Why are you interested in getting more involved in IAP2?
I want to learn as much as I can about effective public participation and best practices from around the world. I want to take what I learn from IAP2 and apply that when working with our neighbors as I try to do my daily part in building the best community possible. For about five months I was a member of IAP2 in-name-only. I realized that for me to get the most of what IAP2 has to offer I needed to become involved.
When you begin to invest time and effort into an organization it’s just natural that begin to care more in the success of that organization. You have a desire to see it flourish. It’s my hope that as I begin to learn of, then share, the best practices of public participation found in communities across the world, then more people will see how valuable IAP2 is and will also want the organization to be THE central place to learn about public participation. Learning and then sharing is a win-win for everyone involved.
Just like in a few other places in the United States, there is some interest building in re-launching or re-building chapters to connect local folks on the ground. What is going on in your state and region?
When I made the decision that I was going to become a committed member of IAP2, I immediately wanted to know how active the Southeast Chapter was. Although the chapter is not very active right now, the opportunity clearly presents itself for the chapter to become active and to make the most of a re-launching campaign. It comes down to now showcasing the value of IAP2 to registered and prospective members in the southeast. There has to be reasons for why community builders in the southeast would want to join IAP2 and the chapter. It is the chapter’s goal to create those reasons and to promote the mission of IAP2.
What level of interest are you seeing within municipal governments, in your region, in doing more public participation?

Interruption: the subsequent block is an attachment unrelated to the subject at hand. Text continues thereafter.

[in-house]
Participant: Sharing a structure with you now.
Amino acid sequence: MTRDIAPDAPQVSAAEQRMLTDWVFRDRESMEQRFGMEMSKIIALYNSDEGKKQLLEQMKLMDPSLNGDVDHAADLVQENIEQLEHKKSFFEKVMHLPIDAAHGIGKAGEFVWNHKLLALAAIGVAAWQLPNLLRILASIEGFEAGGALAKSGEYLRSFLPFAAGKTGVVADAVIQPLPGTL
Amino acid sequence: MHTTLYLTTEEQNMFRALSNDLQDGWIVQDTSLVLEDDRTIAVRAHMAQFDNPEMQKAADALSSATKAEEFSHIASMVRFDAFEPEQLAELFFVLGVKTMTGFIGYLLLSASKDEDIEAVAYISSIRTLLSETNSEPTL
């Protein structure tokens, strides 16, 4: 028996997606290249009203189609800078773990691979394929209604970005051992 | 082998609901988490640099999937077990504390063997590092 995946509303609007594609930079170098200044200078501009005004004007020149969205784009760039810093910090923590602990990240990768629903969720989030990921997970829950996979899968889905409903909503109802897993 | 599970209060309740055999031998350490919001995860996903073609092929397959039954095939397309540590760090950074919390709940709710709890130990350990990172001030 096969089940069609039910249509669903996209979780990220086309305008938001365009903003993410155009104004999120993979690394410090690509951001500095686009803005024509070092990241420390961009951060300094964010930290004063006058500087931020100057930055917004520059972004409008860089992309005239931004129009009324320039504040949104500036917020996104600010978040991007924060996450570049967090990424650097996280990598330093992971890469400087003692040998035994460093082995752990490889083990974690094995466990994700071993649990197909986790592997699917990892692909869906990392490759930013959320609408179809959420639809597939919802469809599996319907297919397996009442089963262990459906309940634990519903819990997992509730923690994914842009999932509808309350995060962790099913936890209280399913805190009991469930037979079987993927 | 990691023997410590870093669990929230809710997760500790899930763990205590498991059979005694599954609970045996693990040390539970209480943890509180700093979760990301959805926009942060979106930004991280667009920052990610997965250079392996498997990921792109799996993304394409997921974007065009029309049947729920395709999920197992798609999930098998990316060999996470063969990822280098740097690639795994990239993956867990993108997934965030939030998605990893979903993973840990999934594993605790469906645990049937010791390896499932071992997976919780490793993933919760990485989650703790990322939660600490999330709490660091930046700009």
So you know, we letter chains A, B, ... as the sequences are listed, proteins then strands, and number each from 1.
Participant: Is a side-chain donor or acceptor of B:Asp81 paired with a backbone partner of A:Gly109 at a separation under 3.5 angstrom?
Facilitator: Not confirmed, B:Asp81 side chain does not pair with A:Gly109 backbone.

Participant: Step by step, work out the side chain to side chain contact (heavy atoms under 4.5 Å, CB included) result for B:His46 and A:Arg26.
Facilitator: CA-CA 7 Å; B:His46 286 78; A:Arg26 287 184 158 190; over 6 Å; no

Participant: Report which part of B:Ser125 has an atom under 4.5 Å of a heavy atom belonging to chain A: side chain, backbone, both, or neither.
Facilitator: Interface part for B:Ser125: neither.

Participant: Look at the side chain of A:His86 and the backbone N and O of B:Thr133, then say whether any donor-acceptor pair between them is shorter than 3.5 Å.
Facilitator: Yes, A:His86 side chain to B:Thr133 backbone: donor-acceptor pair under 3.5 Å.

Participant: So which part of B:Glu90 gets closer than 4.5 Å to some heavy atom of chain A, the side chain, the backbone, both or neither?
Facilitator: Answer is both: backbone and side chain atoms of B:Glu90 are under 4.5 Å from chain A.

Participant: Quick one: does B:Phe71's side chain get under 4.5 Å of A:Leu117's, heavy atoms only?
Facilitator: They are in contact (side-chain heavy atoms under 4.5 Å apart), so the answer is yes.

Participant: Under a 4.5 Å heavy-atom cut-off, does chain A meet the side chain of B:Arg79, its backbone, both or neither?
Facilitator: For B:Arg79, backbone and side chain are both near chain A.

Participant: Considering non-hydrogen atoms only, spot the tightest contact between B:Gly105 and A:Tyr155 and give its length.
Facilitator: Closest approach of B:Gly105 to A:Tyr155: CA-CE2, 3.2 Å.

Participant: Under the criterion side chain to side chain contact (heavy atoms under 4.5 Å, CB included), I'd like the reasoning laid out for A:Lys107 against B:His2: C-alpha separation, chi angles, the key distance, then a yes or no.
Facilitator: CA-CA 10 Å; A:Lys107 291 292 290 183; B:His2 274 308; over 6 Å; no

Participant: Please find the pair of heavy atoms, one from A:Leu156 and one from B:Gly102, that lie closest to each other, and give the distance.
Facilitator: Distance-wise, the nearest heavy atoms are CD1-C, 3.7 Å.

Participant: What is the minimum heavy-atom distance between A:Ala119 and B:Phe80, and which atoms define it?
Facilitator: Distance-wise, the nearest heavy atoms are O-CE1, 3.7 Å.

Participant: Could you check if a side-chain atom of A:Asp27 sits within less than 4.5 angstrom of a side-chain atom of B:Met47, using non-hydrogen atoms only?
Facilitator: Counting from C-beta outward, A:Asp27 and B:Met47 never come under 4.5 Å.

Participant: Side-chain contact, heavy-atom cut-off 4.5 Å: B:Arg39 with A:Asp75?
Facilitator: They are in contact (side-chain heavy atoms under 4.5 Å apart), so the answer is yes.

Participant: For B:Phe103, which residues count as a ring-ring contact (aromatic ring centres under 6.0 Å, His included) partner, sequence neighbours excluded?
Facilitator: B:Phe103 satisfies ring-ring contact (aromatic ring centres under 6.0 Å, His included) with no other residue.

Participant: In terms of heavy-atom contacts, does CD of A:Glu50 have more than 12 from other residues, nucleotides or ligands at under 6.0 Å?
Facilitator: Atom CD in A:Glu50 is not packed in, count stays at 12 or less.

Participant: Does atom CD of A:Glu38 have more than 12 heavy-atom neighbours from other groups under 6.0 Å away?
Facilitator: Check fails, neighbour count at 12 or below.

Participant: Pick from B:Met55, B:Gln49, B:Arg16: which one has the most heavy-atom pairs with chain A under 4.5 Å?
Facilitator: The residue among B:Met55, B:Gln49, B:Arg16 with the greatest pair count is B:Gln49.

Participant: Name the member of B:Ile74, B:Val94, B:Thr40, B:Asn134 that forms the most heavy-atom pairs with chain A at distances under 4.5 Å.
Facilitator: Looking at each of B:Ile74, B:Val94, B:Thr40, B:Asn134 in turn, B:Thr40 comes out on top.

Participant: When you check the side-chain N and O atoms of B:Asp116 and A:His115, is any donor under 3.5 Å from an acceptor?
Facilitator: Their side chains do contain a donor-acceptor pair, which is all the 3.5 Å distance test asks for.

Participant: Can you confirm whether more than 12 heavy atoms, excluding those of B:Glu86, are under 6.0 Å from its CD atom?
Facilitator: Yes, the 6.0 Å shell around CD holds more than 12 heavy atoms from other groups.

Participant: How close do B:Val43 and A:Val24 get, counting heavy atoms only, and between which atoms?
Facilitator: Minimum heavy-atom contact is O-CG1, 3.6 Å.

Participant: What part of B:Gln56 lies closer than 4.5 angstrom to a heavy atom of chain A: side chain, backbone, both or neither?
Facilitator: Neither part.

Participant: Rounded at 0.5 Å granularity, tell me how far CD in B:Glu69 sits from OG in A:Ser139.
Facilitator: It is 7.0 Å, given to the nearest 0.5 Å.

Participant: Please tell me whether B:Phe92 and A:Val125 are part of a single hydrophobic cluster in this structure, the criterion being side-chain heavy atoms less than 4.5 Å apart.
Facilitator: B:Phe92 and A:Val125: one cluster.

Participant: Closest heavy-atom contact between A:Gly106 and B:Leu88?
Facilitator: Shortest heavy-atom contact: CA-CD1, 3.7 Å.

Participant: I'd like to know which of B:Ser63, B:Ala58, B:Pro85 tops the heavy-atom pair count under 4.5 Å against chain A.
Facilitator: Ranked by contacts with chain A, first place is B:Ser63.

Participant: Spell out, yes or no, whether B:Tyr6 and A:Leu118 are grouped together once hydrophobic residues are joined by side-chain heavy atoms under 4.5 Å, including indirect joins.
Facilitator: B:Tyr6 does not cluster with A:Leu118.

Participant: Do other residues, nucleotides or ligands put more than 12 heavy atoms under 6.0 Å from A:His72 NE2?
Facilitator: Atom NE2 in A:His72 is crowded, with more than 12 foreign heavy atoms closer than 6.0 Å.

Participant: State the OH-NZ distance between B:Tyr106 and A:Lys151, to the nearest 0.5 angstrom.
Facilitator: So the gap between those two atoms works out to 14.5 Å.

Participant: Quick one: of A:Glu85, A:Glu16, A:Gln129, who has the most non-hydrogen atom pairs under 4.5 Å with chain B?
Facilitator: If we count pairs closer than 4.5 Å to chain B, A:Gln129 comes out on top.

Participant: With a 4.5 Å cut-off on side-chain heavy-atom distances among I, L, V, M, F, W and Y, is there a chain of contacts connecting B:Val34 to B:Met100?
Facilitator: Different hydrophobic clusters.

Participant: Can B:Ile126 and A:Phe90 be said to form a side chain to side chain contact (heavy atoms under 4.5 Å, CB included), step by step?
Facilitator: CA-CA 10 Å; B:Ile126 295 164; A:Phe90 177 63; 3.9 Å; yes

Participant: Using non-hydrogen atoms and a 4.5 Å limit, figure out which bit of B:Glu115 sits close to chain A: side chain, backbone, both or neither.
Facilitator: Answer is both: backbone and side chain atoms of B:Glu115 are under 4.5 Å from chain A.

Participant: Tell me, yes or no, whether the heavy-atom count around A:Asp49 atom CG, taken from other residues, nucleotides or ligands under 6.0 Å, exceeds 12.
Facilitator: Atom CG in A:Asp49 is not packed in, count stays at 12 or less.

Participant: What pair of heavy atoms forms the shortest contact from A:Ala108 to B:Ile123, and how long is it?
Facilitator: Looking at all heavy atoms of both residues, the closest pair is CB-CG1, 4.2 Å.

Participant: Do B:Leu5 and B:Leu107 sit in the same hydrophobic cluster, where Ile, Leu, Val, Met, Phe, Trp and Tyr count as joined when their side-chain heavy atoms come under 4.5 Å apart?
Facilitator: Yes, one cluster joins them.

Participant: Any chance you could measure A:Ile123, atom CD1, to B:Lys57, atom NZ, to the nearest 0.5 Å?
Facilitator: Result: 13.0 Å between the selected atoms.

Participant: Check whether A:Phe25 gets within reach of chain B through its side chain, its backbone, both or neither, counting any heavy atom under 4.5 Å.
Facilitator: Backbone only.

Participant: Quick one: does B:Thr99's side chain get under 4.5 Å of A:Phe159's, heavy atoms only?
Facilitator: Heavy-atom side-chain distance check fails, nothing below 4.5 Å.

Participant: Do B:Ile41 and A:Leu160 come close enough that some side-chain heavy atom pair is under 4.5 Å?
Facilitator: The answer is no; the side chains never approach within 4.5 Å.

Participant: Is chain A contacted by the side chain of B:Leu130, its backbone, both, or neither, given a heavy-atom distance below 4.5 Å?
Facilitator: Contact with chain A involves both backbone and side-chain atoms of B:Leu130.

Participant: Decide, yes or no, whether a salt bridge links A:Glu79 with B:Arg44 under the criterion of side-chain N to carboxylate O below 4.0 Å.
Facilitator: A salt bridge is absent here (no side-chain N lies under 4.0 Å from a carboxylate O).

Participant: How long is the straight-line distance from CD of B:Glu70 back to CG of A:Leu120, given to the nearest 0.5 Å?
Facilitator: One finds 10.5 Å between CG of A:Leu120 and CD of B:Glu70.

As I mentioned earlier, there’s more to public participation then just showing up to meetings to speak on issues. We, as a city, have many committed volunteers who dedicate their weekends to serving their community. Many of our programs would not be successful if it were not for the participation of our city’s volunteers. We see how critical it is to recruit volunteers and to provide them with meaningful projects that make a difference in the community. I believe local governments across the country are also seeing that.
What is your most memorable, or favorite, public participation effort or campaign to date?
We developed a program called “Adopt-A-Neighbor.” The intent of the program is to help low-income and elderly homeowners become code compliant through volunteer efforts. Many of our homeowners get cited for violations that they have a desire to act on but can’t. The goal of the program is to match willing volunteers to go out and do the work. The City of Fort Lauderdale provides the financial support by buying all the necessary supplies. Once the work is complete the code violation is erased and the homeowner becomes code compliant. The program is highly successful and it has the support of city leaders and our neighbors.
As a city we care about volunteers and putting volunteers in the right place to do the work they want to do. Volunteerism is a huge component of public participation, and our volunteers are really making a difference in the community. The intent is also to show our homeowners who receive help that the City of Fort Lauderdale and the community are there to help. It builds goodwill in the community and shows the value of participatory actions within a community.